The impact loss of hearing has on general health has been examined for years. New research takes a different approach by looking at what untreated hearing loss can do to your healthcare budget. As the expense of healthcare continues to escalate, the medical community and individuals are looking for ways to lower these costs. You can make a significant difference by something as straightforward as managing your hearing loss, according to a study published on november 8 2018.
How Hearing Loss Affects Health
Untreated hearing loss comes with hidden risks, as reported by Johns Hopkins Medicine. Researchers spent 12 years tracking adults with anywhere from slight to severe hearing loss and discovered it had a considerable impact on brain health. For example:
- A person with slight hearing loss doubles their risk of dementia
- The risk is triple for people with moderate hearing loss
- Dementia is five times more likely in someone who has severe hearing loss
The study revealed that when a person suffers from hearing loss, their brain atrophies at a faster rate. The brain needs to work harder to do things such as maintaining balance, and that puts stress on it that can lead to damage.
The inability to hear has an impact on quality of life, too. A person who can’t hear well is more likely to feel anxiety and stress. Depression is also more likely. More expensive medical bills are the result of all of these factors.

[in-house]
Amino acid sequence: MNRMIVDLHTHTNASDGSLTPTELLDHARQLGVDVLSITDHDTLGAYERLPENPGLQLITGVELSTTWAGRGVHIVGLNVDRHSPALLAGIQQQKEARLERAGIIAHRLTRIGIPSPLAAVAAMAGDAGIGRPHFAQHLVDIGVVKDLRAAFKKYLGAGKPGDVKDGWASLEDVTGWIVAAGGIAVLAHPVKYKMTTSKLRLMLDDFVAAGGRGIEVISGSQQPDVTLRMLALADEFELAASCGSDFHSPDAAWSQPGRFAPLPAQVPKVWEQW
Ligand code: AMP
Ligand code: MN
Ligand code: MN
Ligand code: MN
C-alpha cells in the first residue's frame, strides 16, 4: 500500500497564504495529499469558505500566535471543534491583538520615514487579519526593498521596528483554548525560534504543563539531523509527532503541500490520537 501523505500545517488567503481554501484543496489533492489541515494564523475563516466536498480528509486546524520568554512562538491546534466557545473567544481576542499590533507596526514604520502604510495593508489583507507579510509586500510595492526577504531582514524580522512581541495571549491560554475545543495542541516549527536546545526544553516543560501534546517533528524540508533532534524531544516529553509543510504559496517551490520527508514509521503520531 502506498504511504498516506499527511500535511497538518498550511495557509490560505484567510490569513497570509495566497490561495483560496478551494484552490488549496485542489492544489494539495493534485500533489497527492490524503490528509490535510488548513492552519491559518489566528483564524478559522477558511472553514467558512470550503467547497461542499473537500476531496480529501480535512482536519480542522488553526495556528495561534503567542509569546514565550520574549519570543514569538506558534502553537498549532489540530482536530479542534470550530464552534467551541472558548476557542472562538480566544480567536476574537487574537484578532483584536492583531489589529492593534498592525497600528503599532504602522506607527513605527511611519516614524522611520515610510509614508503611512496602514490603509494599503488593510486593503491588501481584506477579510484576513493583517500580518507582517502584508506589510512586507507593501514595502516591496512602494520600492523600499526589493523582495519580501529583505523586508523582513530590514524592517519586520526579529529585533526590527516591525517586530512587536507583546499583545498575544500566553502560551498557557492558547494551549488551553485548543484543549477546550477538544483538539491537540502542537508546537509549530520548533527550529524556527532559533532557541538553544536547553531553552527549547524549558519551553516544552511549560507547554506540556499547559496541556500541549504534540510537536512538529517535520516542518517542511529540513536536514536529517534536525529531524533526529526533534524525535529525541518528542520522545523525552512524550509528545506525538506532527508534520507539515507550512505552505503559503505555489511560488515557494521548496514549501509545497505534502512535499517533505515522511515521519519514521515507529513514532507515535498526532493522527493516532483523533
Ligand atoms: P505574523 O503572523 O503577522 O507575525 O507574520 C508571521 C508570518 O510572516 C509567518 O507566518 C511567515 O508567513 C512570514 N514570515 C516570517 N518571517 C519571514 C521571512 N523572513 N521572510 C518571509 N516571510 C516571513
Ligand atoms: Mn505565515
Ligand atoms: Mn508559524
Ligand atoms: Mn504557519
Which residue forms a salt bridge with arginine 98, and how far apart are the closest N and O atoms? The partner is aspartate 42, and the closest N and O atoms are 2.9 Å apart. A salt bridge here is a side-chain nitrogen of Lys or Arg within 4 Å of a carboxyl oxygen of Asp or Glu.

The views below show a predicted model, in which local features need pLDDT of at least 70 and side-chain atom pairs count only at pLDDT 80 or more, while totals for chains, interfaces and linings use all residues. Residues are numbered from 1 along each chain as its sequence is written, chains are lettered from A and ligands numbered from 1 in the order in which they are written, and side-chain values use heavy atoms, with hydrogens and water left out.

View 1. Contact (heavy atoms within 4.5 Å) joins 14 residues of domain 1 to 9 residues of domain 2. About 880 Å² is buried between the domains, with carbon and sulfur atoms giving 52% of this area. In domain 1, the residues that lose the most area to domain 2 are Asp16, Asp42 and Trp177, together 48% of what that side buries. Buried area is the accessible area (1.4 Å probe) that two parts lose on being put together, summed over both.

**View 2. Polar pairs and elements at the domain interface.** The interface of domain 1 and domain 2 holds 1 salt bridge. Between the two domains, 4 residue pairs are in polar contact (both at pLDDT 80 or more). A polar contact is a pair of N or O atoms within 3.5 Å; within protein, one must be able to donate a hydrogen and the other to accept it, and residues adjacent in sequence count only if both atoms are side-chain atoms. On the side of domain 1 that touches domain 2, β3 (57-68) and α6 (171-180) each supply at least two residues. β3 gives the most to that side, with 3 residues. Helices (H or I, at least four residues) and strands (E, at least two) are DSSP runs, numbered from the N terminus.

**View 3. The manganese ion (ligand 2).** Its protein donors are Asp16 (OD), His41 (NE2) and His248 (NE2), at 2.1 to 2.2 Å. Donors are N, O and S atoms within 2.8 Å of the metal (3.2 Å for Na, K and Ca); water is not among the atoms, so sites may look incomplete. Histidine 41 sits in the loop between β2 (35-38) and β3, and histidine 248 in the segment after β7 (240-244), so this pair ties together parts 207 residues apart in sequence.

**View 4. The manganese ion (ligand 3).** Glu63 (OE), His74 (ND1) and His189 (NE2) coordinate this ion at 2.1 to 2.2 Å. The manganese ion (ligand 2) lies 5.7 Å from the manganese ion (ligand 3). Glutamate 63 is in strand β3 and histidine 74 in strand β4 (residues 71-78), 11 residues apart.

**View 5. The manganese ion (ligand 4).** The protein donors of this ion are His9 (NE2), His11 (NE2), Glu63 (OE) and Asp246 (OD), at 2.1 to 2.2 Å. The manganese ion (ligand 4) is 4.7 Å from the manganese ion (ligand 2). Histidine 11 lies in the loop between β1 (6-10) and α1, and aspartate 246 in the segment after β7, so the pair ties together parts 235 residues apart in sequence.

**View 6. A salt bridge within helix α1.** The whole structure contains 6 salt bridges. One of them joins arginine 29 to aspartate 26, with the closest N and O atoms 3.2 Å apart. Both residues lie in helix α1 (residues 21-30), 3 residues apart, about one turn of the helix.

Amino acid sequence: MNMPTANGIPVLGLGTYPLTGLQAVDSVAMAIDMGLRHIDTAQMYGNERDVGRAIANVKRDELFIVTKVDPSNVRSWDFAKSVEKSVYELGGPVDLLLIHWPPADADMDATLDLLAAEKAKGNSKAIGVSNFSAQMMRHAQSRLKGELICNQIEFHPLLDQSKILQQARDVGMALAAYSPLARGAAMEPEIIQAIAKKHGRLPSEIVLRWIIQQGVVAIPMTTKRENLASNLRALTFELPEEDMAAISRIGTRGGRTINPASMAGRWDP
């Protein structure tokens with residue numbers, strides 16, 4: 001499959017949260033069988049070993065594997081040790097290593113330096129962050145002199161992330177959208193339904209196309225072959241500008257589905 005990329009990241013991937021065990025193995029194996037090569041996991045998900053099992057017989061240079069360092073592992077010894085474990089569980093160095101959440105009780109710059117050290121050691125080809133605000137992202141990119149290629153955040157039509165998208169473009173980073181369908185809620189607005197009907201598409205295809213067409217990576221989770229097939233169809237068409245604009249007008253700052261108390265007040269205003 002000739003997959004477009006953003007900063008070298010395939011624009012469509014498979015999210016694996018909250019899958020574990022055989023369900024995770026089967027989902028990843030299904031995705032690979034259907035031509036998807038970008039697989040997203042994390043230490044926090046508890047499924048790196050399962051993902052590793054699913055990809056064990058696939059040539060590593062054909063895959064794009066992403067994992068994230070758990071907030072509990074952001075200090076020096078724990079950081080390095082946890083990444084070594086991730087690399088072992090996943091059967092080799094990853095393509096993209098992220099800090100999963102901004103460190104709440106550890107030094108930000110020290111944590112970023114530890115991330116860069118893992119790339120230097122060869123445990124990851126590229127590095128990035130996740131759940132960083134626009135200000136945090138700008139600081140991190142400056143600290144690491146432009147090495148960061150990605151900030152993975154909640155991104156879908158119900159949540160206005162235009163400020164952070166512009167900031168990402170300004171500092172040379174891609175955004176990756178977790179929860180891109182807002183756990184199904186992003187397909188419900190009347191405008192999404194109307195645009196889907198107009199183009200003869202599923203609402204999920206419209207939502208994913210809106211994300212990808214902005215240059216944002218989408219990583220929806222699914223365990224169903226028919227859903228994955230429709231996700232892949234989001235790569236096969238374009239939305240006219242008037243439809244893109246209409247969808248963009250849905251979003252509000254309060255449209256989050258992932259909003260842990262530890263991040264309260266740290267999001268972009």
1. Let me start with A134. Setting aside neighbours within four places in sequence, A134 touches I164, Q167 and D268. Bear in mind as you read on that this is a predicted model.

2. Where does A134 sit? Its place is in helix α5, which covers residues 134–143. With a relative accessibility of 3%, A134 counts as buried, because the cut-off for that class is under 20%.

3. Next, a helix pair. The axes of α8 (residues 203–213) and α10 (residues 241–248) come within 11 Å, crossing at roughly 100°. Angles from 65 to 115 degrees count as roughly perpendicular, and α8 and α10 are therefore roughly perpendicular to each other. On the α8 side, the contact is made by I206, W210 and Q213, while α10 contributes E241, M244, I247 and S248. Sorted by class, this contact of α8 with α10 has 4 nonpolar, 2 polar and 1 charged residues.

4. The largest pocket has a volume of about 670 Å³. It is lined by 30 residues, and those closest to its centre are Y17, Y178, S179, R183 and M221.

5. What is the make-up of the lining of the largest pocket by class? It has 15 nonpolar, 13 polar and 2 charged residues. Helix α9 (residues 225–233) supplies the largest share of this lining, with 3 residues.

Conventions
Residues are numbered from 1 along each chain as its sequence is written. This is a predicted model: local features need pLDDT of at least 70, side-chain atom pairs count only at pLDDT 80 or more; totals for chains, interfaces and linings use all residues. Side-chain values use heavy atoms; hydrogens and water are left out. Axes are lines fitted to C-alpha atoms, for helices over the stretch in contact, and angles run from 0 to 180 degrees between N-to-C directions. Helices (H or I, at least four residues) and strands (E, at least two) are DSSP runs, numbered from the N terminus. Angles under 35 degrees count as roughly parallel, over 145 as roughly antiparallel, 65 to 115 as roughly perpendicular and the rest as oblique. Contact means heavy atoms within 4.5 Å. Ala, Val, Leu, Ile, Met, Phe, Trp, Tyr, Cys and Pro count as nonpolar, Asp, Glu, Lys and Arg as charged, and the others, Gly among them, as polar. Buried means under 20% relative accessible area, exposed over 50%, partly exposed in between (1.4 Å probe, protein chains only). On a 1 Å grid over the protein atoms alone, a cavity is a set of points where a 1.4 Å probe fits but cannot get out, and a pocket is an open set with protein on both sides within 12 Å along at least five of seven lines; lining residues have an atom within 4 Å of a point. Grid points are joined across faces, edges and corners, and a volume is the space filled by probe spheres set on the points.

The Newest Study
The newest study published November in the Journal of the American Medical Association (JAMA) shows that not dealing with hearing loss is a budget buster, too. The University of California San Fransisco, Johns Hopkins with AARP, and Optum Labs also led this study.
77,000 to 150,000 patients who had untreated hearing loss were analyzed. People with normal hearing created 26 percent less health care expenses than people who were recently diagnosed with hearing loss.
That amount continues to grow over time. After a ten year period, healthcare costs go up by 46 percent. When you break those numbers down, they add up to an average of $22,434 per person.
Some factors that are involved in the increase are:
- Cognitive decline
- Lower quality of life
A connection between untreated hearing loss and an increased rate of mortality is suggested by a second study done by the Bloomberg School. They also found that people with untreated hearing loss had:
- 6.9 more diagnoses of depression
- 3.2 more diagnoses of dementia per 100 over the course of 10 years
- 3.6 more falls
Those figures correlate with the research by Johns Hopkins.
Hearing Loss is Increasing
According to the National Institute of Deafness and Other Communication Disorders:
- There’s significant deafness in those between the ages of 45 to 54
- The simple act of hearing is hard for around 15 percent of young people around the age of 18
- Hearing loss is prevalent in 55 to 64 year olds at a rate of 8.5 percent
- Hearing loss currently effects 2 to 3 out of every 1,0000 children
The number goes up to 25 percent for people aged 65 to 74 and 50 percent for anybody above the age of 74. In the future, those numbers are expected to rise. By the year 2060, as many as 38 million people in this country may have hearing loss.
Using hearing aids can alter these numbers, though, which the study doesn’t show. What is recognized is that some health problems linked to hearing loss can be decreased by using hearing aids. To discover whether using hearing aids reduces the cost of healthcare, additional research is needed. There are more benefits to wearing them than not, without a doubt. Make an appointment with a hearing care specialist to see if hearing aids help you.